Will Europe wake up?
Commenting on the results of the European Parliament elections in the Guardian on May 26, British historian Timothy Garton Ash concluded by declaring: “I have a dreadful feeling in my bones that future historians may write of the May 2014 elections: ‘This was the wake-up call from which Europe failed to wake up.’”
Whether Europe wakes up or not, however, the nightmare appears set to continue. Europe is on a downward spiral, having lost its sense of collective destiny, and its parts are working like cancer cells to eat at the whole.
The anti-EU right-wing continues to gain, though not enough perhaps to tip the balance yet, but the real tragedy today are the “indifferents,” in other words the Europeans who did not come out to vote for the EU in order to oppose those who are against it.
If the turnout was more or less what it always is, this was due to those who cared enough to oppose Brussels and show their atavistic fears of a depersonalizing “United States of Europe,” and loss of cultural identity due to immigration, as well as the impositions of what they see as the global melting pot.
These fears appear valid on the surface, given that societies behave much the same under certain circumstances. A simple French person, for all the veneer of sophistication and cultural superiority, is afraid today for reasons that may be irrational intellectually, but understandable socially.
It is natural therefore for Marine Le Pen to say, after her xenophobic party came out the big winner in these elections, that these results show that French voters demanded politics “of the French, for the French, with the French.” Such slogans are not new for Europe either, and one need not delve too deep into memory to realize their terrible lineage.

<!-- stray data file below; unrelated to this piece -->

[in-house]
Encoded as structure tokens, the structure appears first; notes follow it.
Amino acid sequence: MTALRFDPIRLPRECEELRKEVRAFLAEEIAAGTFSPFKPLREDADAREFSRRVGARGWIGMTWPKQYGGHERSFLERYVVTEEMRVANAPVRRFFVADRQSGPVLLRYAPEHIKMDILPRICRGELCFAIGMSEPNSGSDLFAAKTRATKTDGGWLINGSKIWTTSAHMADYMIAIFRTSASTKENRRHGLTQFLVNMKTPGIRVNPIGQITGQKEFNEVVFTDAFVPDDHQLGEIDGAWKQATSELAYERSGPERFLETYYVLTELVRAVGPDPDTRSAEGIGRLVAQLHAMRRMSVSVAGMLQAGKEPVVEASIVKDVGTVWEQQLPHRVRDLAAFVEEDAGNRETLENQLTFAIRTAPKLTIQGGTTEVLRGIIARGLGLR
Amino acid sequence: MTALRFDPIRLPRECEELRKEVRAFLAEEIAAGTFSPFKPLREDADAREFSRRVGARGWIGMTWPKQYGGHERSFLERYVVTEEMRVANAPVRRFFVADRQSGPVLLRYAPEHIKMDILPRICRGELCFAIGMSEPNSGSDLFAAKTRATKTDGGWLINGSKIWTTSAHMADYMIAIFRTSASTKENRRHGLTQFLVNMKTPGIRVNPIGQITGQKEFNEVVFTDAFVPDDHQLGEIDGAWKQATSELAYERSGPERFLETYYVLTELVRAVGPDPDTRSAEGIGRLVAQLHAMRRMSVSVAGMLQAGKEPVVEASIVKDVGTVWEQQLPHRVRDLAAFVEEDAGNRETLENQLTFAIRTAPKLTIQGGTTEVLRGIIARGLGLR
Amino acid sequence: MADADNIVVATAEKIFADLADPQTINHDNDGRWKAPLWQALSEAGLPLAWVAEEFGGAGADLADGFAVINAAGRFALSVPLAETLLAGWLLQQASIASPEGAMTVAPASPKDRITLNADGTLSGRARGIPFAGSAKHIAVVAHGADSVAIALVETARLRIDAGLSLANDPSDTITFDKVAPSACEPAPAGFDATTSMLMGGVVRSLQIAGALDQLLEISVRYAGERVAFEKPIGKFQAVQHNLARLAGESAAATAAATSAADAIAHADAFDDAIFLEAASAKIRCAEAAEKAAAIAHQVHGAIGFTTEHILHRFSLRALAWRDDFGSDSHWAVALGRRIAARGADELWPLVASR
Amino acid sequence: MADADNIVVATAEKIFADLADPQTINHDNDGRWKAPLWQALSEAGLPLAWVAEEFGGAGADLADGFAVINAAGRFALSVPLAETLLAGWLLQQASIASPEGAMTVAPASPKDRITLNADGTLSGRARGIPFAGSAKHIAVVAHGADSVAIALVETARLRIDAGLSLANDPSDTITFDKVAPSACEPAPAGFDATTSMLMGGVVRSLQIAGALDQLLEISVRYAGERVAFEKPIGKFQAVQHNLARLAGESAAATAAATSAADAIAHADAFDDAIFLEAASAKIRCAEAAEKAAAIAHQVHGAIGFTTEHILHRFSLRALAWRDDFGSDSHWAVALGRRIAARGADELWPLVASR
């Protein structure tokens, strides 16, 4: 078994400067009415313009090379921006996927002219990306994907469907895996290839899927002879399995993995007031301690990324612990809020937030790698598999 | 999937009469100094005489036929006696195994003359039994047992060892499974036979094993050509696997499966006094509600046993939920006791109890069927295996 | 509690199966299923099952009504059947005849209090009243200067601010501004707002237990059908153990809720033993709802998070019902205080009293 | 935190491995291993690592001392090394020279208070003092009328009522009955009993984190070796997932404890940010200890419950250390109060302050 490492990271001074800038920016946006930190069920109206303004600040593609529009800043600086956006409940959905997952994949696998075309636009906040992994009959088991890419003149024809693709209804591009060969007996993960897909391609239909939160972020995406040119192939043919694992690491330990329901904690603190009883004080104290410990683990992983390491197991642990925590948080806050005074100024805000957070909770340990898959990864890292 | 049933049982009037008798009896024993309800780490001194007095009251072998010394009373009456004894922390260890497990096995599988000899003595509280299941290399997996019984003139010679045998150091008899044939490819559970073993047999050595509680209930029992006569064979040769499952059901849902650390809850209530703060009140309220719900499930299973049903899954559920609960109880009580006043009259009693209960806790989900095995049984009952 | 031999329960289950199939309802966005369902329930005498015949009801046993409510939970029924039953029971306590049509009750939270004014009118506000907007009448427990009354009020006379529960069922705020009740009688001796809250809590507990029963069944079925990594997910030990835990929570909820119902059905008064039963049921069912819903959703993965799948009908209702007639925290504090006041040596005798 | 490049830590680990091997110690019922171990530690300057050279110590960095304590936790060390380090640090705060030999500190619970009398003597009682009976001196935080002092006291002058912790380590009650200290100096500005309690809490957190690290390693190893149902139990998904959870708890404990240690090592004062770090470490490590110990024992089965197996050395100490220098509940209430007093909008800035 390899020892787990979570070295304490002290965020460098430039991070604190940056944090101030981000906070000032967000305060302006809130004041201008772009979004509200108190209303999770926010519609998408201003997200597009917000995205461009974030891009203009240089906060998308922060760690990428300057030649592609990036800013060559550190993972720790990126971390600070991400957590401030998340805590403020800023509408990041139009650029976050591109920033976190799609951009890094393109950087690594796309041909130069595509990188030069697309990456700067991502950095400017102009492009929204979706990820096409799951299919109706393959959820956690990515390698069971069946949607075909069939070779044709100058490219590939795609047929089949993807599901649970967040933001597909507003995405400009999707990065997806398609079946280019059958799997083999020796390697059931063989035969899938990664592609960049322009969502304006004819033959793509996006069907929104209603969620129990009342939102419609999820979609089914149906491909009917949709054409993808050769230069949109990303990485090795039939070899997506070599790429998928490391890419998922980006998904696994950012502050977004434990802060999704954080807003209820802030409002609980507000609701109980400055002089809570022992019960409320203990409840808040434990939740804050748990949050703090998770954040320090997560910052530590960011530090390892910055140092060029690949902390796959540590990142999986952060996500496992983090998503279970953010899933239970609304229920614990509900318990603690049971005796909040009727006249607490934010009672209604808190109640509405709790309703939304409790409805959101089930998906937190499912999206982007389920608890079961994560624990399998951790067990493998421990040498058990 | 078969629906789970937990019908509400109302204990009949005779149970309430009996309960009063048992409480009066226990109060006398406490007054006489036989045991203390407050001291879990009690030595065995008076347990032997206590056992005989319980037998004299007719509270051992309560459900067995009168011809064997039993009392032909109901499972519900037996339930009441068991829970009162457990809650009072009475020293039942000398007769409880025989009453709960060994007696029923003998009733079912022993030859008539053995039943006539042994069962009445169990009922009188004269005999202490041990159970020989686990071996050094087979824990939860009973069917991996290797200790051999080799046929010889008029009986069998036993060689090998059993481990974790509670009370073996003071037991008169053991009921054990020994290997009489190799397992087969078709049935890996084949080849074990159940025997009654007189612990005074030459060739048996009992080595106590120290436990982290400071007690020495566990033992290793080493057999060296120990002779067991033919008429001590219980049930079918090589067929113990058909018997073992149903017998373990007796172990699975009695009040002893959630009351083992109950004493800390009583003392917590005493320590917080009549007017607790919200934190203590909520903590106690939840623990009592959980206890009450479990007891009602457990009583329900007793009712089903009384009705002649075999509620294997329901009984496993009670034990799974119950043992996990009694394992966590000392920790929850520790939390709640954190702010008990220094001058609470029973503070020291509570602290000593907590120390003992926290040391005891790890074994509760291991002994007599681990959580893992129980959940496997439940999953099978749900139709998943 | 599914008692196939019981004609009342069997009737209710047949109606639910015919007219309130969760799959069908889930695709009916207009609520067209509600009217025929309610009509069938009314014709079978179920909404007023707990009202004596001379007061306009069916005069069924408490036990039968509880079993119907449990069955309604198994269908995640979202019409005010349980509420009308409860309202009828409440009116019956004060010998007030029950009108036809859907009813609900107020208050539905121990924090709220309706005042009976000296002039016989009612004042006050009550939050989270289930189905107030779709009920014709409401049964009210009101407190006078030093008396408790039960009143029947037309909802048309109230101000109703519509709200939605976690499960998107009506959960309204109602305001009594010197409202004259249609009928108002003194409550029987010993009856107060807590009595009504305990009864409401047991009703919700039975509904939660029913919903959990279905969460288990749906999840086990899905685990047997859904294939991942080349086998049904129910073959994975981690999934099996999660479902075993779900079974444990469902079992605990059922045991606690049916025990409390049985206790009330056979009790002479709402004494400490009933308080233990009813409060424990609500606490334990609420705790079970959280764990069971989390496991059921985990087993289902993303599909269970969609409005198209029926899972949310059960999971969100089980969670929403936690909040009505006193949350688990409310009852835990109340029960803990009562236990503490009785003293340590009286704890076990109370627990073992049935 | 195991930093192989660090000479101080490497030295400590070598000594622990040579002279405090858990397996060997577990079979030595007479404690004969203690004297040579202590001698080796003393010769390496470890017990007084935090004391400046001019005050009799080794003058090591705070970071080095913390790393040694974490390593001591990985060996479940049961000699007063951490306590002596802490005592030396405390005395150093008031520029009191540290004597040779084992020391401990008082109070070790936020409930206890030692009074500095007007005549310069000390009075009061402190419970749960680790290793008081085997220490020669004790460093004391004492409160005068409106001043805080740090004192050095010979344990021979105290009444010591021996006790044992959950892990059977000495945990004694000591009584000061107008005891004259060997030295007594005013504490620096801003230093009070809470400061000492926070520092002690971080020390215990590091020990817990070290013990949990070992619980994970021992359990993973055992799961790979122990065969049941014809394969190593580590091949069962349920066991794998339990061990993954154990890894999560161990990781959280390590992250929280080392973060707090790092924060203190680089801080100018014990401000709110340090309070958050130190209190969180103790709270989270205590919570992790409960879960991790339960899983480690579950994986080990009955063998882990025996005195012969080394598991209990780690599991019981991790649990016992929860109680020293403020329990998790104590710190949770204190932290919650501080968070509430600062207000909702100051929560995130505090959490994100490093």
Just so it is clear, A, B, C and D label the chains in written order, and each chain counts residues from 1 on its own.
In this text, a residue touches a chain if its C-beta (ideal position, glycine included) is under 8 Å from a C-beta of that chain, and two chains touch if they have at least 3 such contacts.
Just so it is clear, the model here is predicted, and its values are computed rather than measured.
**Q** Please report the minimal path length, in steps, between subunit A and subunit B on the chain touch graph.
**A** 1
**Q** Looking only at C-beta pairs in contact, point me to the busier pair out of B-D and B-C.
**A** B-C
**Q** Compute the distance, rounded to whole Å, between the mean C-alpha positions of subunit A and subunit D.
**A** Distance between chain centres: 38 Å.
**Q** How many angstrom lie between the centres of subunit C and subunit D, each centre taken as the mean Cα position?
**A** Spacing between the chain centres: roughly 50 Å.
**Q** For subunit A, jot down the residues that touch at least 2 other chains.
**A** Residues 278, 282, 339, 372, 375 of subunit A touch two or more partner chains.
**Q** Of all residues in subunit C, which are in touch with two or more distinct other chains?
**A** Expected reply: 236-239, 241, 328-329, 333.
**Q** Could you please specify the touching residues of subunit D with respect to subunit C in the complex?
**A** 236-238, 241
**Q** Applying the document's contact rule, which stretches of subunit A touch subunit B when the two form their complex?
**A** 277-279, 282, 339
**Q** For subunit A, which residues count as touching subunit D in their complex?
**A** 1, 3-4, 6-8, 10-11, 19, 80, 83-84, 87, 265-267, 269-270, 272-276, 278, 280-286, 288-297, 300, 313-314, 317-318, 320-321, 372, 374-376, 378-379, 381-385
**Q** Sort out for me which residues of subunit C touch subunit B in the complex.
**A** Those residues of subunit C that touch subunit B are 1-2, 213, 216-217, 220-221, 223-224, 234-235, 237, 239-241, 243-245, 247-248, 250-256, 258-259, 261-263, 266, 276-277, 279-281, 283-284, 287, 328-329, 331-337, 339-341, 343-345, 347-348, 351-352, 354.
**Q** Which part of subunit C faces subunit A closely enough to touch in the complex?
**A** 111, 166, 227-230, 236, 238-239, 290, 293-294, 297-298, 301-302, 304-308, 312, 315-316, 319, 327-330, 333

The point, however, and this I believe is what those who think like Timothy Garton Ash are ultimately saying, is this line of thinking has no future in today’s world.
A united Europe is the only way the old and clearly tired continent can go on in an age when new centers of economic, political and military powers are emerging.
It is also crass populism, under these circumstances, aimed at the guts of the simple man and woman on the street – as Le Pen is doing – to call for a vetoing of Turkey’s EU bid. That bid is in the doldrums anyway, not only because of right-wing Europe – of moderate or extreme shades – but also because Turks looking at what Europe has become socially and economically have lost faith in the EU.
For the average Turk, as was the case no doubt for the average Hungarian, Romanian or Bulgarian, the EU represented, in the first instance, a better standard of living. Of course, all the democratic trappings were/are still important, but they remain secondary compared to the material benefits expected.
Besides, one can hardly claim that every country was admitted into the EU only after having fully fulfilled all the necessary democratic criteria
Turks today look at the impoverished Greece, Ireland and Portugal and wonder what the point is for their country to continue on the EU path, especially when faced with a less than welcoming and increasingly xenophobic Europe. Europe’s problem today is not Turkey, but itself. As they say, it is all dressed up with nowhere to go.
What Le Pen and those like her promise only compounds the dilemma. The simple fact for Turkey vis-a-vis the EU under prevailing circumstances is that Europe has to first determine its own future before Turkey sees if it has a place in it or not. The pretense of Turkey’s EU bid is only being maintained today for practical reasons, even though this bid has no real chance of maturing under the present conditions.
But if the day comes when this perspective does fully matures, this will be the result of strategic necessity, regardless of what those like Le Pen, or the simple man or woman on the street in Europe taken over by their atavism may think. This, unfortunately for them, is the way of the world…